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US Army Shows Us How Soldiers Have Changed Over The Last 50 Years

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21 Responses to “US Army Shows Us How Soldiers Have Changed Over The Last 50 Years”

  1. DM says:

    Hurray,
    All the numbers go up. Including the total poundage of all the “light-weight” gear we have.

    • Jack Boothe says:

      Unfortunately, pay, despite the numbers posted, has not gone up. Using the calculation of economic power (what you can actually buy and how it relates to overall economic activity of society and a much more accurate accounting of value of labor vice the simple CPI caculation most non-economists use) the numbers are actually down. That $279 a month in 1969 in terms of economic power today would be worth $5,740. So in terms of overall economic purchasing power and wealth our enlisted Soldiers are earning half of what their 1969 drafted counterparts did.

  2. PTL21 says:

    Will it be possible to go back to a lighter load out?

    • GD442 says:

      No because it makes sense.

    • Ashley says:

      It is completely possible and without loss of capability. In many cases industry already has the solutions. This is a leadership issue.

      • Kirk says:

        It is, and it isn’t… Part of the problem is that society is not willing to pay the price for that lighter loadout, either… Which is why the leadership ain’t up for us leaving the wire in pajamas.

        The cold equations mandate that we’re going to load the troops with every bit of life-saving body armor and other gear, to the detriment of mission accomplishment and even long-term health problems. They’re fine with the guys getting out after 10-15 with damaged lower backs from all that crap they have to carry, but if they get killed in combat because they weren’t wearing their plates up in the mountains…? Yeah; that’s gonna get someone in front of a Congressional, post-haste. The idea that we’d save lives because our forces were more mobile and agile, and be more effective? Anathema. They will rail against the first death due to not equipping someone out on patrol with every bit of armor they can stack on them.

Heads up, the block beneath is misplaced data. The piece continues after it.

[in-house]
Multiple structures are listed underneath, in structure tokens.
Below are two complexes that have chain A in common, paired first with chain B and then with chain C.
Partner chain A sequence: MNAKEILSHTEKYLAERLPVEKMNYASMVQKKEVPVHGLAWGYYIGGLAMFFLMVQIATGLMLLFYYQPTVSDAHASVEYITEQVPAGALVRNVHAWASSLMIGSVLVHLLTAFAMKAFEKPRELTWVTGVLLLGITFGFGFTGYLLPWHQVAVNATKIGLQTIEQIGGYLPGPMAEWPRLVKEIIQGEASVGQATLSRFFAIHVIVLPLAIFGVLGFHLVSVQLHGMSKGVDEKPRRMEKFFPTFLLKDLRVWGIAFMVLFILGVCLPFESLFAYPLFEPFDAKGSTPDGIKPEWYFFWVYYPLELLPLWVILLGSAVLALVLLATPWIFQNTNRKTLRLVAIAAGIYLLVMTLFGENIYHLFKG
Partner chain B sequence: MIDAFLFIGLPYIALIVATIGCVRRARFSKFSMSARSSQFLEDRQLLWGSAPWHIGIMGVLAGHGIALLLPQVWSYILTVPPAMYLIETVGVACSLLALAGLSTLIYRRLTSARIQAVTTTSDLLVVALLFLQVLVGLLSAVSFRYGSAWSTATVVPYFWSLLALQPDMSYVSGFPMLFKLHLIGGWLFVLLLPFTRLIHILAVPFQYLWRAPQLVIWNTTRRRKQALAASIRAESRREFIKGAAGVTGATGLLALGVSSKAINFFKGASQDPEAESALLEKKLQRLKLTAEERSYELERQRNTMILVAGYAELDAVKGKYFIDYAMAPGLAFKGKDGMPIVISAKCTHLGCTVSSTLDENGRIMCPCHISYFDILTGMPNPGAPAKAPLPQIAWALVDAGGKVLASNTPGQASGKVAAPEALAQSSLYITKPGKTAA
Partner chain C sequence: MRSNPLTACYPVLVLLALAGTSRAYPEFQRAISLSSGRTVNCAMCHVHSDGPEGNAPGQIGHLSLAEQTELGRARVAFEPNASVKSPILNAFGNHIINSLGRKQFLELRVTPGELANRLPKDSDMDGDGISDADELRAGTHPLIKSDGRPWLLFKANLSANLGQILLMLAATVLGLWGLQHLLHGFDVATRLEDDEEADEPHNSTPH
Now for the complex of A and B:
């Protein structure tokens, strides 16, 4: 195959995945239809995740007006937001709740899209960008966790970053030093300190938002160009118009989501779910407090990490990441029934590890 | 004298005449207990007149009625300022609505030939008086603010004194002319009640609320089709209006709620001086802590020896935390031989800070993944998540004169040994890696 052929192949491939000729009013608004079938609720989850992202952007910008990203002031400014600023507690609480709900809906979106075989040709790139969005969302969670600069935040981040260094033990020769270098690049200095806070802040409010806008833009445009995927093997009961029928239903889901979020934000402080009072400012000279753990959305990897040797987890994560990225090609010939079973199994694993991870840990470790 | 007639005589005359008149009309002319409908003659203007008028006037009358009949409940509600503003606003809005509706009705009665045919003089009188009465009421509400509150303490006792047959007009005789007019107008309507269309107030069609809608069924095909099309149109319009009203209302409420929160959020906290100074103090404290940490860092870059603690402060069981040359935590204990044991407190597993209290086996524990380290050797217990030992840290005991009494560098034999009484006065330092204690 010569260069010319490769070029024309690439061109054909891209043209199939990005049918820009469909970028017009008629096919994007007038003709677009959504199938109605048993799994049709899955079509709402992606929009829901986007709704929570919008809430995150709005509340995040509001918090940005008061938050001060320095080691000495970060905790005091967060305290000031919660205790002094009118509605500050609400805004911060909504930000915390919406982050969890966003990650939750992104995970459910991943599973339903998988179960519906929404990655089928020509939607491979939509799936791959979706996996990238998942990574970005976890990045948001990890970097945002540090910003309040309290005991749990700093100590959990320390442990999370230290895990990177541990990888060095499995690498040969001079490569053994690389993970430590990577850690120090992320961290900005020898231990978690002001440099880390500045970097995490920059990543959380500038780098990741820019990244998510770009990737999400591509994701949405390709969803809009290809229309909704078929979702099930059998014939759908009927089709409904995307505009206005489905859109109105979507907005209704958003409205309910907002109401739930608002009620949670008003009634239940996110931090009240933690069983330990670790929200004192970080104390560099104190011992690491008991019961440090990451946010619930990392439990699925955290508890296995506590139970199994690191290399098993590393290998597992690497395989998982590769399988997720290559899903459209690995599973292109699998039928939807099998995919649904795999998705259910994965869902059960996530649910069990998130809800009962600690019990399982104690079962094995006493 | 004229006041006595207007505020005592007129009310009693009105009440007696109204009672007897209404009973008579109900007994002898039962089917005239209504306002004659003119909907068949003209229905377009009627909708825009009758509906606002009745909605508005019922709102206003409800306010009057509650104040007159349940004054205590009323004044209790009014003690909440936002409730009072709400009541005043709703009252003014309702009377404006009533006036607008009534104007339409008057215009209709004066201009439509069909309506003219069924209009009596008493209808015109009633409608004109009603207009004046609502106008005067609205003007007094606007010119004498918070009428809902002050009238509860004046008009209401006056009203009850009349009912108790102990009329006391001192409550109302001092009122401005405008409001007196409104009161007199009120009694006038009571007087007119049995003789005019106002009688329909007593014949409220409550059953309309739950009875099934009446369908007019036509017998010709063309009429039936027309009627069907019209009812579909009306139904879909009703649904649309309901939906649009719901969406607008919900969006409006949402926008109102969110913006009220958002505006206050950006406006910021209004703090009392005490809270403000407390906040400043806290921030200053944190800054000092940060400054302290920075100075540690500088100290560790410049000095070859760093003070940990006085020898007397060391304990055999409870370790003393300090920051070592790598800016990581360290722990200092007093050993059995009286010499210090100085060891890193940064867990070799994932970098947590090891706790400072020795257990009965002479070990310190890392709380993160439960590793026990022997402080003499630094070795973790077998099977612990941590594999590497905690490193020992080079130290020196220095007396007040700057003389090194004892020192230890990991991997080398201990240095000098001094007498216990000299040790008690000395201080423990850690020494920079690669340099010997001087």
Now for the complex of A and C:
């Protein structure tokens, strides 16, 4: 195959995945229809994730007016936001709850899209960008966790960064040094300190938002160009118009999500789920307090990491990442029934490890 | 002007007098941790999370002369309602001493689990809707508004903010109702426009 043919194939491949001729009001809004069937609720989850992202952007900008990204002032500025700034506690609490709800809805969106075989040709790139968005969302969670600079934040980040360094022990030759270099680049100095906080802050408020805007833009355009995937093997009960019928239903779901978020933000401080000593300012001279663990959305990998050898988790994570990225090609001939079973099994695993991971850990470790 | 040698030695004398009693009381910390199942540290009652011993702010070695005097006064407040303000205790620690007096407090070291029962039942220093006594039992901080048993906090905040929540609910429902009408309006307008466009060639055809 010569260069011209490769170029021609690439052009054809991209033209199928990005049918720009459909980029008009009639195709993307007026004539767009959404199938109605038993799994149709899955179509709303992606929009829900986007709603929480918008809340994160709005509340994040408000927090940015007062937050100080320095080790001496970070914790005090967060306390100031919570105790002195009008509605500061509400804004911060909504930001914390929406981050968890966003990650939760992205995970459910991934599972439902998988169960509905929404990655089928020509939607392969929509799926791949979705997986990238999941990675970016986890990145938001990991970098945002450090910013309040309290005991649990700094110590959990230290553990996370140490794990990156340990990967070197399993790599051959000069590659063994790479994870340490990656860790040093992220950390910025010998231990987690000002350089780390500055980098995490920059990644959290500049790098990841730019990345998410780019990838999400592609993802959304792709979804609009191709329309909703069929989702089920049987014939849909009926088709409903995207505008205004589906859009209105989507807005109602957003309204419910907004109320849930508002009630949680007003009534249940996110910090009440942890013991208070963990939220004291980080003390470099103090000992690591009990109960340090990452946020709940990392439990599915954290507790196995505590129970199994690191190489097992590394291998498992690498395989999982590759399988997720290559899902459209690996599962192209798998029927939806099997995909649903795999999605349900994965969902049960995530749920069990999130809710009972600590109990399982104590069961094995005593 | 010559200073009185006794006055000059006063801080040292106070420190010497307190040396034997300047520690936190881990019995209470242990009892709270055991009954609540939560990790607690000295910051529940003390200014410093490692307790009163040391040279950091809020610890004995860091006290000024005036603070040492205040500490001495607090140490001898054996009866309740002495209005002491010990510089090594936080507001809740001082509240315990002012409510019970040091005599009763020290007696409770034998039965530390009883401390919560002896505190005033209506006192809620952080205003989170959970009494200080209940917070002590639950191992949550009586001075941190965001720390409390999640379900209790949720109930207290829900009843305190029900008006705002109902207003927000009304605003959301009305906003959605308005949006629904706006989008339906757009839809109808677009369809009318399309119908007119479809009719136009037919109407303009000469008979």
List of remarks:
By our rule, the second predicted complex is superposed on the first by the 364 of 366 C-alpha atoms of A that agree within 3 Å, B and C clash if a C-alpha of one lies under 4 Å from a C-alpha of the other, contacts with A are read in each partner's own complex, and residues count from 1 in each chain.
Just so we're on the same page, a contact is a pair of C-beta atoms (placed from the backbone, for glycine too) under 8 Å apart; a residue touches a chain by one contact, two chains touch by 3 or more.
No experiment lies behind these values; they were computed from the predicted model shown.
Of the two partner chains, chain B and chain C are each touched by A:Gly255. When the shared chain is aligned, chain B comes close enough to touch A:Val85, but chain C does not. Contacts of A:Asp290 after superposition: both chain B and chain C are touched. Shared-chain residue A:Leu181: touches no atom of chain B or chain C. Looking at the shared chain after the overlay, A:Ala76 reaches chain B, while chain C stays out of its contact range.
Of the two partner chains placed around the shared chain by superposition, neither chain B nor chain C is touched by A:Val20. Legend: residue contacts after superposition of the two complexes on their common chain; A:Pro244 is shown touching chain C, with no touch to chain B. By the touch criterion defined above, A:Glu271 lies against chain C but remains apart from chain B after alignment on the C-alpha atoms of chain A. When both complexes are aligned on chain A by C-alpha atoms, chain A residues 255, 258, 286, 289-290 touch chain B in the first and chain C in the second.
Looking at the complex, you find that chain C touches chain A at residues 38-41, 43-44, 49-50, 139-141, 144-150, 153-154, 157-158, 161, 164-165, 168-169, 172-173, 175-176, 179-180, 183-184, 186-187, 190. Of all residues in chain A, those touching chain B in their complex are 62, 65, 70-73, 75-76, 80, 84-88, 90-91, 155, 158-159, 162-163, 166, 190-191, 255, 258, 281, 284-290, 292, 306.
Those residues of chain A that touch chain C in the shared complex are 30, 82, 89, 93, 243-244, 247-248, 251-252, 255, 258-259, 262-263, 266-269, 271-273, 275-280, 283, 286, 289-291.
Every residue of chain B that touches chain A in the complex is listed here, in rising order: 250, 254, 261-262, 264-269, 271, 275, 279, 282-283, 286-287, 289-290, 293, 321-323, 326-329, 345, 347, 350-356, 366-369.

You want to fix the overload problem, you first need to fix the risk-averse civilian culture that supports and provides the manpower for the forces. That’s where the root of it all is at–With the mindset of our civilian population, every bit of weight savings in “better, lighter gear” is going to be offset by the drive to ensure that the guys have everything they need, and then some.

        I honestly think we’d be doing a lot better, were we to simply say “Enough…”, and accept that maybe we could trade a few lives for better quality-of-life out in the ranks of those worn down due to humping all that gear around. Ain’t nobody wanting to hear that, though… Hell, I’m not so sure I’d be up for it, either, were I still on active duty. I am seriously glad I no longer have to make the decisions on that sort of thing, though.

  3. Bruce Fleming says:

    As a soldier who enlisted in 1976, don’t forget about the high level of drug uses in the Vietnam and post Vietnam army.